Quickstart: Render a model with Unity
This quickstart covers how to run a Unity sample that renders a built-in model remotely, using the Azure Remote Rendering (ARR) service.
We won't go into detail about the ARR API itself or how to set up a new Unity project. Those topics are covered in Tutorial: Viewing remotely rendered models.
In this quickstart you will learn how to:
- Set up your local development environment
- Get and build the ARR Quickstart sample app for Unity
- Render a model in the ARR Quickstart sample app
To get access to the Azure Remote Rendering service, you first need to create an account.
The following software must be installed:
- Windows SDK 10.0.18362.0 (download)
- The latest version of Visual Studio 2019 (download)
- Visual Studio tools for Mixed Reality. Specifically, the following Workload installations are mandatory:
- Desktop development with C++
- Universal Windows Platform (UWP) development
- GIT (download)
- Unity 2019.3.1 (download)
- Install these modules in Unity:
- UWP - Universal Windows Platform Build Support
- IL2CPP - Windows Build Support (IL2CPP)
- Install these modules in Unity:
Clone the sample app
Open a command prompt (type
cmd in the Windows start menu) and change to a directory where you want to store the ARR sample project.
Run the following commands:
mkdir ARR cd ARR git clone https://github.com/Azure/azure-remote-rendering
The last command creates a subdirectory in the ARR directory containing the various sample projects for Azure Remote Rendering.
The quickstart sample app for Unity is found in the subdirectory Unity/Quickstart.
Rendering a model with the Unity sample project
Open the Unity Hub and add the sample project, which is the ARR\azure-remote-rendering\Unity\Quickstart folder. Open the project. If necessary, allow Unity to upgrade the project to your installed version.
Enter your account info
- In the Unity asset browser, navigate to the Scenes folder and open the Quickstart scene.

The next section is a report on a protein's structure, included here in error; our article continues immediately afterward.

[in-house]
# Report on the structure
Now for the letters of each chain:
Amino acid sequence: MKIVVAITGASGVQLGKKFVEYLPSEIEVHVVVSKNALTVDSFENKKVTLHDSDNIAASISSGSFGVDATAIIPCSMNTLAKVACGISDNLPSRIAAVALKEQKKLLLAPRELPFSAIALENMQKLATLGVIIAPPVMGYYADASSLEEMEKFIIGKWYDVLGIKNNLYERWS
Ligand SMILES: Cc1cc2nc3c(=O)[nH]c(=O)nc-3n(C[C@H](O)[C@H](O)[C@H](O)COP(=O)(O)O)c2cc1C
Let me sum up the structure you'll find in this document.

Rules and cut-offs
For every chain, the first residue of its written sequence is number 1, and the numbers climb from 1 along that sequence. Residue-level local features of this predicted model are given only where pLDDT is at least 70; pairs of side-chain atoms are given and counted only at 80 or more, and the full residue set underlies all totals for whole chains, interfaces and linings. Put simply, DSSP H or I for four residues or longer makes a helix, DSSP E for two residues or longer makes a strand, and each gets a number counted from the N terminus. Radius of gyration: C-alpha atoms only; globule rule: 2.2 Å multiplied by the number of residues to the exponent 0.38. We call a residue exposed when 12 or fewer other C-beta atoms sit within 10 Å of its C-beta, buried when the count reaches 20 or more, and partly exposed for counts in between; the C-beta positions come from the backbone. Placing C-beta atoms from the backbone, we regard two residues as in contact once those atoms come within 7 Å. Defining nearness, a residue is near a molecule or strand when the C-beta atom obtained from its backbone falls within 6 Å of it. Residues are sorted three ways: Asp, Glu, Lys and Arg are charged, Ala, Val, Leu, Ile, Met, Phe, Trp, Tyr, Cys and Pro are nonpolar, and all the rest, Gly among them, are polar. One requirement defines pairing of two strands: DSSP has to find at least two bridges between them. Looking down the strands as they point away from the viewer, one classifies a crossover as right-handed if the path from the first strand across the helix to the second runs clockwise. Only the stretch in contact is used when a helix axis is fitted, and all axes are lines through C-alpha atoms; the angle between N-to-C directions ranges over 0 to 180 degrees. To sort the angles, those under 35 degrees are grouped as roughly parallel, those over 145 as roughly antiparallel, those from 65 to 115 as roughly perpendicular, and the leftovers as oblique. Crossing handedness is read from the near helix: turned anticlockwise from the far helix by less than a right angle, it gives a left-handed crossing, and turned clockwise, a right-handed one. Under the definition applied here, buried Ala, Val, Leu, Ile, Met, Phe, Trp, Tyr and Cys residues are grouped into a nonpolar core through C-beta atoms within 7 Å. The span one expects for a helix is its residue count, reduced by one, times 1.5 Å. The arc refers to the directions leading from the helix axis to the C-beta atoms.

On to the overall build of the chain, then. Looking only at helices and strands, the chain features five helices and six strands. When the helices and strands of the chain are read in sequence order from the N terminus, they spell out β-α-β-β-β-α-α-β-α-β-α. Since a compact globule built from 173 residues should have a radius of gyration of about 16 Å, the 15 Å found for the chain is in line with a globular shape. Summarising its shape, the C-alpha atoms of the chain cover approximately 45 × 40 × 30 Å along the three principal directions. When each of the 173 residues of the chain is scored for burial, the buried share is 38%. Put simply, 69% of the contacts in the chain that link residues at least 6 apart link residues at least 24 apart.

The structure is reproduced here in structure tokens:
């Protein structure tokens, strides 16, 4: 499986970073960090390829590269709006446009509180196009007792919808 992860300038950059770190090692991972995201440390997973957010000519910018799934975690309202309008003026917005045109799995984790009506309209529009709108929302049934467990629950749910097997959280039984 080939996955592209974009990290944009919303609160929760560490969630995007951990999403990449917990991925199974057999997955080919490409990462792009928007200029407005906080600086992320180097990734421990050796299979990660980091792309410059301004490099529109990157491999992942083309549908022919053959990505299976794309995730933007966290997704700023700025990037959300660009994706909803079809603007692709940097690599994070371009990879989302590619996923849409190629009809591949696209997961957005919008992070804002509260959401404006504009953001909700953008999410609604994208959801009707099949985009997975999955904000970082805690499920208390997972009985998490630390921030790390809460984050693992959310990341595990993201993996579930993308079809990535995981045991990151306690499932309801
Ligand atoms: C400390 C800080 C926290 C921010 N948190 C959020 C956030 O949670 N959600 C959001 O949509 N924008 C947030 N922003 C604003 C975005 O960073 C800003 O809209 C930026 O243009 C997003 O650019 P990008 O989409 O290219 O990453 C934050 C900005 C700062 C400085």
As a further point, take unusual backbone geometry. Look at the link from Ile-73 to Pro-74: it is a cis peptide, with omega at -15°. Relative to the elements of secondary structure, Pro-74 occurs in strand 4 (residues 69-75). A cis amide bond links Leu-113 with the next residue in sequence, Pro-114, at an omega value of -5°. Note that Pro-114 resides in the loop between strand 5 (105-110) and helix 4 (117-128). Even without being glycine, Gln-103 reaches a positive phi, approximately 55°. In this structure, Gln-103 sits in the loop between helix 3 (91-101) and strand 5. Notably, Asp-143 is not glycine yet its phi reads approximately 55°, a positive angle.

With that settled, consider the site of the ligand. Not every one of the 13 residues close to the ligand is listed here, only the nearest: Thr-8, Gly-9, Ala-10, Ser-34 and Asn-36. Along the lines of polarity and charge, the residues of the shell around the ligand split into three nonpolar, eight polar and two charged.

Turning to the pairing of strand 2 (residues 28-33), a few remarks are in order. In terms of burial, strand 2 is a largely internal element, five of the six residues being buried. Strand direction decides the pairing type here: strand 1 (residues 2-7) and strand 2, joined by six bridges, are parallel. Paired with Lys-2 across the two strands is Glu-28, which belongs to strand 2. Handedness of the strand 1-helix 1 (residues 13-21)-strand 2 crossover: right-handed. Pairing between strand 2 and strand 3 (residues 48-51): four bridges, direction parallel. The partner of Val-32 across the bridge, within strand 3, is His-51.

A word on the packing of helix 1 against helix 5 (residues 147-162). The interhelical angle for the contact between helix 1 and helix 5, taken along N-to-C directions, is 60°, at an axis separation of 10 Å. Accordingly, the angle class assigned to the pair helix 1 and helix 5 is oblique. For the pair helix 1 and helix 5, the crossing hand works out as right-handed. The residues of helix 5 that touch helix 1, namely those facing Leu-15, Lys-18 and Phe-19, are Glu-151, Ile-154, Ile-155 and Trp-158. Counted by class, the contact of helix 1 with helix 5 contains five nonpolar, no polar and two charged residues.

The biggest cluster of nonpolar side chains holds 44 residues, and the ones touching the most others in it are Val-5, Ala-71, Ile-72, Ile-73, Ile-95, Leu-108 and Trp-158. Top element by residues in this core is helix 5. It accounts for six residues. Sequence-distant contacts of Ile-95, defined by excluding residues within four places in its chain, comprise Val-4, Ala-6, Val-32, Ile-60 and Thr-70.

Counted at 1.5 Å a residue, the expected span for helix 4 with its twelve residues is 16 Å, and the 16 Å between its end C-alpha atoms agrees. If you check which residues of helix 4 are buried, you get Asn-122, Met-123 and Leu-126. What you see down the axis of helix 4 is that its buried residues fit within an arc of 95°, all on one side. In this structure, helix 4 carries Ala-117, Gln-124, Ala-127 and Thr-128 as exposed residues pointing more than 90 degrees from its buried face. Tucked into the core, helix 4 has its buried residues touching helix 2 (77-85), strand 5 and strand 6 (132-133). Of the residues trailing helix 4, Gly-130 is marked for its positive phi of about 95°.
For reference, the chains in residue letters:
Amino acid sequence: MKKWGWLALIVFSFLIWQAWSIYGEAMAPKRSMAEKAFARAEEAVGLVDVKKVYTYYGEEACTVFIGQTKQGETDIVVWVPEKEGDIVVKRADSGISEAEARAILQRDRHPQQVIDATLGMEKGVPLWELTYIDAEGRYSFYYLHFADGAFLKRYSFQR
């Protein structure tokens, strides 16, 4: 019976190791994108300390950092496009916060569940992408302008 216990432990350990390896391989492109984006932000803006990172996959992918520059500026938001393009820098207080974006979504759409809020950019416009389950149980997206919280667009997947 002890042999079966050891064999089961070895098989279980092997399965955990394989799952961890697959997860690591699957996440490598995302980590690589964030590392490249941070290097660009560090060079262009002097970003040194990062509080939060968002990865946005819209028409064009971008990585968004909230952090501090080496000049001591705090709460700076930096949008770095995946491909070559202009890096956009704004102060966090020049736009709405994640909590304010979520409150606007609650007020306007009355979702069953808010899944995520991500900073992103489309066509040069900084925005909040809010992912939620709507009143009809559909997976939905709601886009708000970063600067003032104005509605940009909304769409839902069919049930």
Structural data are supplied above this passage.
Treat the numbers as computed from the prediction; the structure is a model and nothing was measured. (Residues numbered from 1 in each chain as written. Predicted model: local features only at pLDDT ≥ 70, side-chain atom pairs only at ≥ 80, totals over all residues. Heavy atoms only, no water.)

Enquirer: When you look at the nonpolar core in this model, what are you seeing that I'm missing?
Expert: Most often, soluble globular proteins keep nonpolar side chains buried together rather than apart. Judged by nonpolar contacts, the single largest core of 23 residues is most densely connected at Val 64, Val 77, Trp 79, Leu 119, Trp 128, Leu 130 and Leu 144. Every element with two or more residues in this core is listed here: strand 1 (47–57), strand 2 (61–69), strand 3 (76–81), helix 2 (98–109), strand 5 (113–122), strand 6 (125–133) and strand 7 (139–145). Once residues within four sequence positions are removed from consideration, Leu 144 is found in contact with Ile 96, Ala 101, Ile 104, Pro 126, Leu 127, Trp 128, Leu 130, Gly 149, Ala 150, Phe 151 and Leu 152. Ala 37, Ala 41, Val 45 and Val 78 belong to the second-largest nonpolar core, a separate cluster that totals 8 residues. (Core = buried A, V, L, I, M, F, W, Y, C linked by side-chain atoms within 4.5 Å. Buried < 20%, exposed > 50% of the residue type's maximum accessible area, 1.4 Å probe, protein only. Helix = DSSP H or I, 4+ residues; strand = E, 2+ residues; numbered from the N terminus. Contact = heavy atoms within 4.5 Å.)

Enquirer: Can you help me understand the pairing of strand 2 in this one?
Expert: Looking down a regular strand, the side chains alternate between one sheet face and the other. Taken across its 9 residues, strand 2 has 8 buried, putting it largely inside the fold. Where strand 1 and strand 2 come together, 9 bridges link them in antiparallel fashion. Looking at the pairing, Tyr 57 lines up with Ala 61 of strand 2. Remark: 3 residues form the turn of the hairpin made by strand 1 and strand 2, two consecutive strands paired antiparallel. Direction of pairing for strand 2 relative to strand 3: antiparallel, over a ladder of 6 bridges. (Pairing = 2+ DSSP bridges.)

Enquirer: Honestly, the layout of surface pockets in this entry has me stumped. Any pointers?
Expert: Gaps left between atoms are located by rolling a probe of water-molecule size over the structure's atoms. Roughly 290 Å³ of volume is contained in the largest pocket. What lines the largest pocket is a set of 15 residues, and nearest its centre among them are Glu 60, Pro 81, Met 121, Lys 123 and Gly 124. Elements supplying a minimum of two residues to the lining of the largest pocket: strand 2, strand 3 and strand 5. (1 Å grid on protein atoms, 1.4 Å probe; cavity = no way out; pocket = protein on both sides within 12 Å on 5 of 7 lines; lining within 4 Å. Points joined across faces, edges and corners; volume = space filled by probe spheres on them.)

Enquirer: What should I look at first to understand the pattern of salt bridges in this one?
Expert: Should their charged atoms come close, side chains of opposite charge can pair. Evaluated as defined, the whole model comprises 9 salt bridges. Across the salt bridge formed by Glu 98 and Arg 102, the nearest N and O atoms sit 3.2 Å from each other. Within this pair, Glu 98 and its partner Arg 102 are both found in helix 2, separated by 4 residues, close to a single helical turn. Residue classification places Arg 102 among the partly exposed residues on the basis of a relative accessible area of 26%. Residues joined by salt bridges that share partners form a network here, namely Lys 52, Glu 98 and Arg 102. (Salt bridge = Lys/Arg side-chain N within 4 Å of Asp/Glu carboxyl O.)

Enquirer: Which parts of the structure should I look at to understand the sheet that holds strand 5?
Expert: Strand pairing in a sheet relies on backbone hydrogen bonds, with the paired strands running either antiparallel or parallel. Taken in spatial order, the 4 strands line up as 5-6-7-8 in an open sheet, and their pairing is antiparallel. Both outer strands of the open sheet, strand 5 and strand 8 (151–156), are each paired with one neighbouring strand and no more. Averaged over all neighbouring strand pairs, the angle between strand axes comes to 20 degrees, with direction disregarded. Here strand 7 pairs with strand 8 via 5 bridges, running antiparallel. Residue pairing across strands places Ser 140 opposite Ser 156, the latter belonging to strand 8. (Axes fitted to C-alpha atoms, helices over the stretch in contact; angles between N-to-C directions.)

- From the Hierarchy, select the RemoteRendering game object.
- In the Inspector, enter your account credentials. If you don't have an account yet, create one.
Later we want to deploy this project to a HoloLens and connect to the Remote Rendering service from that device. Since we have no easy way to enter the credentials on the device, the quickstart sample will save the credentials in the Unity scene.
Make sure to not check the project with your saved credentials into some repository where it would leak secret login information!
Create a session and view the default model
Press Unity's Play button to start the session. You should see an overlay with status text, at the bottom of the viewport in the Game panel. The session will undergo a series of state transitions. In the Starting state, the server is spun up, which takes several minutes. Upon success, it transitions to the Ready state. Now the session enters the Connecting state, where it tries to reach the rendering runtime on that server. When successful, the sample transitions to the Connected state. At this point, it will start downloading the model for rendering. Because of the model's size, the download can take a few more minutes. Then the remotely rendered model will appear.
Congratulations! You are now viewing a remotely rendered model!
Inspecting the scene
Once the remote rendering connection is running, the Inspector panel updates with additional status information:
You can now explore the scene graph by selecting the new node and clicking Show children in the Inspector.
There is a cut plane object in the scene. Try enabling it in its properties and moving it around:
To synchronize transforms, either click Sync now or check the Sync every frame option. For component properties, just changing them is enough.
In the next quickstart, we will deploy the sample to a HoloLens to view the remotely rendered model in its original size.
Alternatively, the sample can also be deployed to a desktop PC.